What It Is
TEACCH stands for Treatment and Education of Autistic and related Communication-handicapped Children. Developed at the University of North Carolina at Chapel Hill in the 1970s, the approach uses structured teaching to help a person develop skills, a sense of self-confidence, and overall well-being. The approach emphasizes modifying a person's environment to accommodate their particular weaknesses.
How It Works
TEACCH principles start with understanding what its practitioners call the culture of autism. This, as educators at UNC's Department of Psychiatry explain, involves autistic individuals' have very specific tendencies. They:
- take their cues from what they see, not what they hear (they process visual information over spoken language)
- see the trees but not the forest (they focus on details but find it difficult to understand patterns)
- do not mind the clock (they have difficulty combining ideas, and organizing materials and activities, with concepts of time)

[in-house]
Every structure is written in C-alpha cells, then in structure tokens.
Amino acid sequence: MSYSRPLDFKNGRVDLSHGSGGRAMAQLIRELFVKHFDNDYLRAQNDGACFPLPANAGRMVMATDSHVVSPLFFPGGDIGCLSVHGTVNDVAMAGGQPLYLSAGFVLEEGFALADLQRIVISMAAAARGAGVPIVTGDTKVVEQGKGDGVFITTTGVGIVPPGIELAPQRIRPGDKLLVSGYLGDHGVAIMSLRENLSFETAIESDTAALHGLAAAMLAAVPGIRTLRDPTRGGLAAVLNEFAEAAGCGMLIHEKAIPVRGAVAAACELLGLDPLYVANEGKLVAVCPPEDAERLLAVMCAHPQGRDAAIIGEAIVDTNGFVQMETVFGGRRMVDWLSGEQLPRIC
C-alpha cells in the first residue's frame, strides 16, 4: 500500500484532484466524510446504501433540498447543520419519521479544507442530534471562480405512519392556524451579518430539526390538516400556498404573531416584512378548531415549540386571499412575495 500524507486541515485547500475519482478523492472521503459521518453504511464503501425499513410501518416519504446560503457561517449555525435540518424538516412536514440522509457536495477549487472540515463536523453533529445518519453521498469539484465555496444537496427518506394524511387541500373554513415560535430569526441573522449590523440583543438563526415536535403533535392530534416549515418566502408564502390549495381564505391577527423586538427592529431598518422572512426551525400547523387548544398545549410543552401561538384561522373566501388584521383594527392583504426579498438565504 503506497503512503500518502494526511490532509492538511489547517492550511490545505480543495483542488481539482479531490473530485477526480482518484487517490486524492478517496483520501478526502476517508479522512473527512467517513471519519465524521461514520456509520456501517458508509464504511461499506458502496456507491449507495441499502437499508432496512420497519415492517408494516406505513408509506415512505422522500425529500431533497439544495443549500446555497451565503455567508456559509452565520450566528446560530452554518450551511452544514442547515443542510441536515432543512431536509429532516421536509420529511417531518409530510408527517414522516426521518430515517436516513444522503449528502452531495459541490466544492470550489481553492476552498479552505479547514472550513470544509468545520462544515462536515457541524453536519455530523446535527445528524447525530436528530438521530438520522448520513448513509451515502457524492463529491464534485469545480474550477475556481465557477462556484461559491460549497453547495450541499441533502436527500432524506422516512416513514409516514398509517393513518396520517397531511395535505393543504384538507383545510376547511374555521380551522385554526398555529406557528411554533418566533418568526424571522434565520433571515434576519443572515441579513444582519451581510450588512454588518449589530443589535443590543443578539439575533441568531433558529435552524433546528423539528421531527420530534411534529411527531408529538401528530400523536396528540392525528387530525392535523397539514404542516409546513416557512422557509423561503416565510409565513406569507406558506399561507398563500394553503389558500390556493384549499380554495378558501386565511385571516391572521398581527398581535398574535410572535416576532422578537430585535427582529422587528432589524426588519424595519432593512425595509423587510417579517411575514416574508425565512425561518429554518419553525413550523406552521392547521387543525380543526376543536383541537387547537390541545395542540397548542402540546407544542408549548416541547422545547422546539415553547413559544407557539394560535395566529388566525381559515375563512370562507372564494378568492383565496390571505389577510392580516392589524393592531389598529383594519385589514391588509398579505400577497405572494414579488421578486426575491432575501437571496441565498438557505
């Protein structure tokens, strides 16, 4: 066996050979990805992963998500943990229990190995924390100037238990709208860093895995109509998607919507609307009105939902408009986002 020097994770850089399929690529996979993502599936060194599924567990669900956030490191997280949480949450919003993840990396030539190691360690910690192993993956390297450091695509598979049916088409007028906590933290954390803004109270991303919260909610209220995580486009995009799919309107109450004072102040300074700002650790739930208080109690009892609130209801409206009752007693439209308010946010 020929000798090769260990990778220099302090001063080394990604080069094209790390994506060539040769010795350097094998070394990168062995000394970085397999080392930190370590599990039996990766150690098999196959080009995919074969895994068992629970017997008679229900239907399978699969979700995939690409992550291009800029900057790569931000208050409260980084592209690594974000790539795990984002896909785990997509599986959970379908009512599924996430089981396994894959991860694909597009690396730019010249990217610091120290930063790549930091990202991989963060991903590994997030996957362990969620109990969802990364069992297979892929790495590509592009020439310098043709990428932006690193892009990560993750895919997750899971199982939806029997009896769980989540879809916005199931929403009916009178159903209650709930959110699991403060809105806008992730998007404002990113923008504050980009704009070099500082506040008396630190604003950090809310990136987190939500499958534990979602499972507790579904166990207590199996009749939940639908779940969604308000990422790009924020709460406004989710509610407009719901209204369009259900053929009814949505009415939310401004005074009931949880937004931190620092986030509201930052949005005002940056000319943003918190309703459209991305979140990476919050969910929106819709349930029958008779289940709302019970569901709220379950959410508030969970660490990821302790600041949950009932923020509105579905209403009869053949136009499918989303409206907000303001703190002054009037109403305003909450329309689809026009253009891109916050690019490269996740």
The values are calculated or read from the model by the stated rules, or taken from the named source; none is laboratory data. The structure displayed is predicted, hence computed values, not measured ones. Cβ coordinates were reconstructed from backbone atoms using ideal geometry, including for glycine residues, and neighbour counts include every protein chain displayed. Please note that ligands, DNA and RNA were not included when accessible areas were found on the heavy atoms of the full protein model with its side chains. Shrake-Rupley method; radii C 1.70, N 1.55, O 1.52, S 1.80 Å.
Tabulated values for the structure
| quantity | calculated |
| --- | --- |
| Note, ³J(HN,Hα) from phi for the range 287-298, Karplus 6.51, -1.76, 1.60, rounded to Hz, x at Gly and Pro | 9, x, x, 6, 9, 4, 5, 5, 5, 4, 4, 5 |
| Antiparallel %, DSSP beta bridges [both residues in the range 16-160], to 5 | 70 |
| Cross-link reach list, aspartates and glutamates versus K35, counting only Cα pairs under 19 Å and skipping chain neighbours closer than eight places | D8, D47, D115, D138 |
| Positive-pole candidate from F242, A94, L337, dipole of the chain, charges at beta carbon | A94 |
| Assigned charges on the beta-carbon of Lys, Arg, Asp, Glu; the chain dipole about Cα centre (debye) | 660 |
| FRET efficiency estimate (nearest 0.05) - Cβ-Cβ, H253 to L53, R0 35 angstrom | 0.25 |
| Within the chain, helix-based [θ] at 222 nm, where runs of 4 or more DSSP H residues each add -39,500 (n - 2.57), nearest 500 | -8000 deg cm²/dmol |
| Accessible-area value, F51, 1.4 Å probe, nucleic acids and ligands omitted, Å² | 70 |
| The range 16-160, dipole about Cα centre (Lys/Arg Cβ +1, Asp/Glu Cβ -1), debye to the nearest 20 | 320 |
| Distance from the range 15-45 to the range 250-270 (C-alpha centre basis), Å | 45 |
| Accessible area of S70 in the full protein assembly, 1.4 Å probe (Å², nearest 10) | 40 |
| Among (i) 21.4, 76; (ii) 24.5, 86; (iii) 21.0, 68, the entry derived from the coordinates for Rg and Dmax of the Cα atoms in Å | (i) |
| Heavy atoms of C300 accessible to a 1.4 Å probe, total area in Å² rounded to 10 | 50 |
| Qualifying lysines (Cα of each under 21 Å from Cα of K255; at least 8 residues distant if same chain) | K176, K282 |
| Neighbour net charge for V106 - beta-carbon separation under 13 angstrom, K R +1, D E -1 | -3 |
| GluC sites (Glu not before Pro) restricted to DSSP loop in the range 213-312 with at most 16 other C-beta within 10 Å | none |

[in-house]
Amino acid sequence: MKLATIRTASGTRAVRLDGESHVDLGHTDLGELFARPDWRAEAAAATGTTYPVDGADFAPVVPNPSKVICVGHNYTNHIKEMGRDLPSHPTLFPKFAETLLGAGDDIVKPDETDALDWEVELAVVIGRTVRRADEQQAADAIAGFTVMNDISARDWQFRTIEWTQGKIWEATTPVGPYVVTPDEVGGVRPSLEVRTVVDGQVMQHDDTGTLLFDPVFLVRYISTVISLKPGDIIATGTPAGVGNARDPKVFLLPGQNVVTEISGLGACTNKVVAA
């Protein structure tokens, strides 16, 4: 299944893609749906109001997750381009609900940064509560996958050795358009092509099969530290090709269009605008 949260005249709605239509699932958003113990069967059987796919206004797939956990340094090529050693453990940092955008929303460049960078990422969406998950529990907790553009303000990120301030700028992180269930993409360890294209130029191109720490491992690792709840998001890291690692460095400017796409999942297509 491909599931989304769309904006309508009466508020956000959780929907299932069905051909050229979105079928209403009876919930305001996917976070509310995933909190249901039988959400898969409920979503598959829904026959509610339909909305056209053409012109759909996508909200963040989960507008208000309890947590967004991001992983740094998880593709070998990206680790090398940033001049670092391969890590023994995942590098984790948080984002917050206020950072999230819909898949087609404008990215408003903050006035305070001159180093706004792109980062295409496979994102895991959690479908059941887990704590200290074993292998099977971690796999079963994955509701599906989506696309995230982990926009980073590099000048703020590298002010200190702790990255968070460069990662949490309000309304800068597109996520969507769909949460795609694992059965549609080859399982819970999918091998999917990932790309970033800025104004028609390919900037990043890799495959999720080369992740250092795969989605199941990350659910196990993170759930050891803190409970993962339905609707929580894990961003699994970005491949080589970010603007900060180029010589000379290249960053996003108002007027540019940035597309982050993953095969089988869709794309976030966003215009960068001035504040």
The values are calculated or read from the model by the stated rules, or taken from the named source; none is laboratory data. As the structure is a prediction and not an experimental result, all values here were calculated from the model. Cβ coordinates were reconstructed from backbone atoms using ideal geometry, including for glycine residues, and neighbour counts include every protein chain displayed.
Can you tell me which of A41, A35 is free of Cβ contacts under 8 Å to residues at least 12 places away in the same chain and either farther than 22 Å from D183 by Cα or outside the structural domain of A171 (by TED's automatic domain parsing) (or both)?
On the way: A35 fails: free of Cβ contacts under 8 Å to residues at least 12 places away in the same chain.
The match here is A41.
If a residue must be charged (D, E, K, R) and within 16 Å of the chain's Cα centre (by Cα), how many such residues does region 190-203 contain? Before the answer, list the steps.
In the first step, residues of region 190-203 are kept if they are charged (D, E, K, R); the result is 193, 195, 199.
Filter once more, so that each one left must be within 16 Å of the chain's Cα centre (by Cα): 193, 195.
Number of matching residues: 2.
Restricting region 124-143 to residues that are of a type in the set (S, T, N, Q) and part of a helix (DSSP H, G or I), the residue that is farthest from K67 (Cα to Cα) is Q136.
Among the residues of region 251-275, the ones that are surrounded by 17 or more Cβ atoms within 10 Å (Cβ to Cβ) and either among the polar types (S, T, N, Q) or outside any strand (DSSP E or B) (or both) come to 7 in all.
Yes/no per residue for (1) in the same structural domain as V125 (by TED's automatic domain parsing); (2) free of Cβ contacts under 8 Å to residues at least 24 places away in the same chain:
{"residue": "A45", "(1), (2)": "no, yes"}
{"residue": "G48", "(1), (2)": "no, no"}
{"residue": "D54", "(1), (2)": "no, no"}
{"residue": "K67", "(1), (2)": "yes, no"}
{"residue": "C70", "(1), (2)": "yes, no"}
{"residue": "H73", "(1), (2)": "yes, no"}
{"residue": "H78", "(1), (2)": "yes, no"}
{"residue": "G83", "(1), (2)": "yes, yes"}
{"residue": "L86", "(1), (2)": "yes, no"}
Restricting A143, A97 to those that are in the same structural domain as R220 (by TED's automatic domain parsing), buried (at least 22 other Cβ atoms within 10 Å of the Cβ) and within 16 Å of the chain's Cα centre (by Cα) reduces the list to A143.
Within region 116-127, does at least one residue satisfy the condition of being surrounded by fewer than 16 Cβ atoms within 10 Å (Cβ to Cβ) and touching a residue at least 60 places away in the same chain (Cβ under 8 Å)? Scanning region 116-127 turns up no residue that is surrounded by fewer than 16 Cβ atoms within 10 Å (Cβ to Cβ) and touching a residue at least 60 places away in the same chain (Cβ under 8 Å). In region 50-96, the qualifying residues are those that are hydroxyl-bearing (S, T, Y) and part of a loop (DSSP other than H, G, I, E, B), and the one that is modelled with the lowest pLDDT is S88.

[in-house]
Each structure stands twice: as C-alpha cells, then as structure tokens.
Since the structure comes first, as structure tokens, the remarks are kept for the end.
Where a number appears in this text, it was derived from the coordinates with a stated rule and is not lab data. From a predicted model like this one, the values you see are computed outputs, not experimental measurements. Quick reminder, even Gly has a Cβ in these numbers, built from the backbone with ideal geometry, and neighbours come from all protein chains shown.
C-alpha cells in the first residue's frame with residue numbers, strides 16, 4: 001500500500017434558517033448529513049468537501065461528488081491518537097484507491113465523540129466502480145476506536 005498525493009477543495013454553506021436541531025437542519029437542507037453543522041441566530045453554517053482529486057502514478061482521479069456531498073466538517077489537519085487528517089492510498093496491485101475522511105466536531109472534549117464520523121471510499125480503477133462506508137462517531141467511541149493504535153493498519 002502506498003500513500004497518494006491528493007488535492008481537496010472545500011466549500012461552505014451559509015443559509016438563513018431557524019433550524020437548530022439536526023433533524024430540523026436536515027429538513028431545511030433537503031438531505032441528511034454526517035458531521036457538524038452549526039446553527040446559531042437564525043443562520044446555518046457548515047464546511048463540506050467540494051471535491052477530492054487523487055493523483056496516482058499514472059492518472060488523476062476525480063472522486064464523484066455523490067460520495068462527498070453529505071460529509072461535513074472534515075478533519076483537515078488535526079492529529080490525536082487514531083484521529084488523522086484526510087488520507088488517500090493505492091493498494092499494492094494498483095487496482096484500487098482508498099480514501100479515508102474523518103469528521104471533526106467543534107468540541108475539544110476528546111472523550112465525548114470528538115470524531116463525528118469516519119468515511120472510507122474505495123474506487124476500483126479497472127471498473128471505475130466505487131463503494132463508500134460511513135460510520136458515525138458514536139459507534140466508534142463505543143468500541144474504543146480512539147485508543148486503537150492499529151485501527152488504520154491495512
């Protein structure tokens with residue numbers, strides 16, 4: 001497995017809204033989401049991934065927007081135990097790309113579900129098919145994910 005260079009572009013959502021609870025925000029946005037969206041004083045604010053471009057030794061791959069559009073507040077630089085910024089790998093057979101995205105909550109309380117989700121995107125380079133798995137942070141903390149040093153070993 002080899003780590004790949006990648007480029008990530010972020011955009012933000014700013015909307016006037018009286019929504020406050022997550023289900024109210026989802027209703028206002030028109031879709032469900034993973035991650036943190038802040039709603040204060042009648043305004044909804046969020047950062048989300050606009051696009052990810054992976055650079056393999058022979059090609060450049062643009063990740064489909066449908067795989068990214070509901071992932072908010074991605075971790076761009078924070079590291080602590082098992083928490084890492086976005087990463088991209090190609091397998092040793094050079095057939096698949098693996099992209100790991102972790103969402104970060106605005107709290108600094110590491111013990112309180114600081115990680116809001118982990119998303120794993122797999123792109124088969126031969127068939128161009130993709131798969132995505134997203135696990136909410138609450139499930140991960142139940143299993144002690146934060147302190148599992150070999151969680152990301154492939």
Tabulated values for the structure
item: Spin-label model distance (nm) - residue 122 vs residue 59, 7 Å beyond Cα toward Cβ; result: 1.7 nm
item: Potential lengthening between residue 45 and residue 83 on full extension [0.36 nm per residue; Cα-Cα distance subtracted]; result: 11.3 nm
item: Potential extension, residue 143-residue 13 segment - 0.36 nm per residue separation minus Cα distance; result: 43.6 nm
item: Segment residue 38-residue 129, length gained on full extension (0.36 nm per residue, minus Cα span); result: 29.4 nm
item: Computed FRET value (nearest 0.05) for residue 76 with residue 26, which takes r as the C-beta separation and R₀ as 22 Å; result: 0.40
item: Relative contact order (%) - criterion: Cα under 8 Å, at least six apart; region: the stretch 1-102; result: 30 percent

- are creatures of habit (they get attached to routines so disruptions cause upset and discomfort)
- are not social (they have communications difficulties, including the use of social language)
The approach takes this cultural understanding and develops "individualized person- and family-centered plans" for each student, with supports that include a physical environment structured for learning, and an emphasis on visual cues for schedules and activities to make them predictable and understandable.
Important to Know
The TEACCH approach is not just for children in special education classrooms. It can be implemented in any setting and for people with autism spectrum disorders at all ages and developmental levels. The TEACCH website at the University of North Carolina School of Medicine notes that educators trained in the techniques use structured teaching for supported employment, vocational, and residential programs for adults.